China forges ahead

There is also the very practical question: Who is going to build the one billion housing units needed to accommodate all the people flocking to the growing megacities? Who, if not China?

China's strategy for years has been to build African infrastructure, Schmal says, adding that the "Chinese can do it." In China, they have shown they can produce infrastructure — housing, construction, transportation — for tens of millions of people within a few years, he says. "They have the experience that we don't have," the DAM director argues. "The West slept through that."

Whether the Venice International Architecture Exhibition is a wake-up call remains to be seen. The show at the Lido certainly presents as a showcase of ideas, curated for the first time by a woman who grew up in Africa and who likely has different perspective on global architecture.

At home in many worlds

Lesley Lokko, born in 1964, is widely-travelled. The daughter of a Ghanaian and a Scot, she grew up in Ghana's capital, Accra, studied Hebrew and Arabic at Oxford as well as architecture in London, where she earned her doctorate. She has taught on four continents.

She is also a bestselling author, having published novels over the past 20 years that set a political and moral bar for contemporary events, from "Sundowners" in 2003 to "Soul Sisters" in 2021. Many of her books explore the lives of black women in all corners of the world.

The architect has two buzzwords for her colleagues concerning the debate about the future — decarbonization and decolonization, lowering CO2 emissions and overcoming the legacy of colonization respectively. Both are likely to be discussed at the Venice architecture show. As in the case of last year's documenta 15, the world's largest art exhibition based in the German city of Kassel, the voice of the global South will be loud and clear in Venice too.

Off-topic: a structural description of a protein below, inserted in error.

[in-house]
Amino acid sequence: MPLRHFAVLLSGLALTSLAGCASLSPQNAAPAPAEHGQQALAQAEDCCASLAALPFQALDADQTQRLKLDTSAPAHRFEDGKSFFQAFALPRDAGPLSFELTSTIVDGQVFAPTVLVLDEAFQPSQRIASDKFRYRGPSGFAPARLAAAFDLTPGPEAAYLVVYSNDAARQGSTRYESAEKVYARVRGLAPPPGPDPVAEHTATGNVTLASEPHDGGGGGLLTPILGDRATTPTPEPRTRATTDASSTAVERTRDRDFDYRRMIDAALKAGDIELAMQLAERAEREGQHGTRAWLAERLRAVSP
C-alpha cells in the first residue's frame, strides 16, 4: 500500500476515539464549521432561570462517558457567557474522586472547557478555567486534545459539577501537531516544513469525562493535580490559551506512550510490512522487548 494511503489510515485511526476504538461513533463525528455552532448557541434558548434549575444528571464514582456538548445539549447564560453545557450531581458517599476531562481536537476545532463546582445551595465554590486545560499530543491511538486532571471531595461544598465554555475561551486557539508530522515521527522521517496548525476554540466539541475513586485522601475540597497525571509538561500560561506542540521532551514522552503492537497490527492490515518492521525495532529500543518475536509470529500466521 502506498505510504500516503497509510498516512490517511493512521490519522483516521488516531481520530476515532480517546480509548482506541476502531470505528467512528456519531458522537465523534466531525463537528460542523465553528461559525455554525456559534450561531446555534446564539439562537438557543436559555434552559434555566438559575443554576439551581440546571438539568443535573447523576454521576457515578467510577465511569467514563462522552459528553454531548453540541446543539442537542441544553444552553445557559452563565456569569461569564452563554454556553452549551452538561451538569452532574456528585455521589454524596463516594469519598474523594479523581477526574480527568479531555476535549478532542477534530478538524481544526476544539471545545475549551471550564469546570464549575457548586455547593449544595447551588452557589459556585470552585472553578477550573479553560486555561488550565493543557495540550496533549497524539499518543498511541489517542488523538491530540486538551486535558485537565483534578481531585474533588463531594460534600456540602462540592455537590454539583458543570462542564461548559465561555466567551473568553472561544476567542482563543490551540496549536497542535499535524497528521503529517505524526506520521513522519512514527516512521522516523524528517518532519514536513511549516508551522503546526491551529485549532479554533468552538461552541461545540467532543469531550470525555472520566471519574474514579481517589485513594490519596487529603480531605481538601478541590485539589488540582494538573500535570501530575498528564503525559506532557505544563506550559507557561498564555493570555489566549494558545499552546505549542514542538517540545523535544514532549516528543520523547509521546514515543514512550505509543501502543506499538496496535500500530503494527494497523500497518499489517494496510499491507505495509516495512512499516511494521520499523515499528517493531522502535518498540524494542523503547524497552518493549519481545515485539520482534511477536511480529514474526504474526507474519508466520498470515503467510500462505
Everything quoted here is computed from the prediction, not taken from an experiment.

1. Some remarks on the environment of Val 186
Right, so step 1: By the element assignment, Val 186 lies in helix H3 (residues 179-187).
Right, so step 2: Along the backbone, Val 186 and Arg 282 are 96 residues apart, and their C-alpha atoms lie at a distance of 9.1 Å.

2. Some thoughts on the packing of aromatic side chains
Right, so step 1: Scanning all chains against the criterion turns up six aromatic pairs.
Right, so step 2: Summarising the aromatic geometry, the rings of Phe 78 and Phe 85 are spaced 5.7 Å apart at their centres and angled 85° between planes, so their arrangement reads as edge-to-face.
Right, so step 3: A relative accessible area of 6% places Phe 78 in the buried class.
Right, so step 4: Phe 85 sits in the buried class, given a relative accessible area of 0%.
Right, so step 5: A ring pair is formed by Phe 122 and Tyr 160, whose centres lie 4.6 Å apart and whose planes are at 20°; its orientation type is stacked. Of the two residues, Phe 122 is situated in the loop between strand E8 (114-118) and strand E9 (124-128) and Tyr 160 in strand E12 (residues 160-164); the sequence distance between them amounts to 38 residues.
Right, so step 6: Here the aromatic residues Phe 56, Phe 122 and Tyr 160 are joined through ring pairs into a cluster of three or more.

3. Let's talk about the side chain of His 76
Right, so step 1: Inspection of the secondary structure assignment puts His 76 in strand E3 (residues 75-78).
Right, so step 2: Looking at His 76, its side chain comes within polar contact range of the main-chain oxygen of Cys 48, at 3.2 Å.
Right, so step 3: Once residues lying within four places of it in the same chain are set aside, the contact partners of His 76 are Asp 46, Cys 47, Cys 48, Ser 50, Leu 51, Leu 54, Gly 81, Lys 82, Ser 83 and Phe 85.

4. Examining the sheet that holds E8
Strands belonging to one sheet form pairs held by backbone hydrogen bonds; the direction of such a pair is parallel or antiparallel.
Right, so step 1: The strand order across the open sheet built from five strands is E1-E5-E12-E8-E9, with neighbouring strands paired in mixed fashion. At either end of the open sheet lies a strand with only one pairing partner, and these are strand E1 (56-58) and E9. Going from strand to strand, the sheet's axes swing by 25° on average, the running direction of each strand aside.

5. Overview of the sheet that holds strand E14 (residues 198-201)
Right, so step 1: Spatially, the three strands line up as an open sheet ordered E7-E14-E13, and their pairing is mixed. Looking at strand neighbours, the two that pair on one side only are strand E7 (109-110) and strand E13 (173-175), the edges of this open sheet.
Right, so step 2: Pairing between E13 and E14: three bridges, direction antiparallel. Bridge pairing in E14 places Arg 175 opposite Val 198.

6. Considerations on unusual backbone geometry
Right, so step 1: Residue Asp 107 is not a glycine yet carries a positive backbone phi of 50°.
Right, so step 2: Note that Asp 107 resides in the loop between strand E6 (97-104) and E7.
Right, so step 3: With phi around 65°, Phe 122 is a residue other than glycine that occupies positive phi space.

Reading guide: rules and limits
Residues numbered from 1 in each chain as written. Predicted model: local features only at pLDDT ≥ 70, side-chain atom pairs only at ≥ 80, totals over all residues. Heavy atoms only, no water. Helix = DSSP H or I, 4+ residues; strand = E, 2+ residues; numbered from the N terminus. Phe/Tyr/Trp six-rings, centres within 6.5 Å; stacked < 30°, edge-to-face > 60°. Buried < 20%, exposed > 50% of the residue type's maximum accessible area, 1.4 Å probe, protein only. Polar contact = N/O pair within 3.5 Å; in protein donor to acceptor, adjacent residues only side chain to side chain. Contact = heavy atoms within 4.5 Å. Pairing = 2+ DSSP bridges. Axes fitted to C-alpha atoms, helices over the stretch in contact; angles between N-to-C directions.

The West 'must prepare'

The future of the planet will be decided in Africa, says Peter Cachola Schmal. Living conditions for sub-Saharan Africa's population must be "adequate," he warns, adding it would be wise to help support the effort. Otherwise, more refugees could be headed to Europe. "The West must prepare," he says.

Sustainability is the focus of the German pavilion at the 2023 Venice International Architecture Exhibition, under the motto "Open for Maintenance — Open because of Reconstruction," jointly curated by Summacumfemmer, Ach+ and Büro Juliane Greb. They took over the pavilion as designed by Berlin-based artist, Maria Eichhorn, for last year's International Art Exhibition. It exposes the basic structures of a building converted by the Nazis.

Meanwhile, the winner of the architecture show's Golden Lion for Lifetime Achievement was announced weeks ago: The prize goes to the Nigerian artist, designer and architect Demas Nwoko.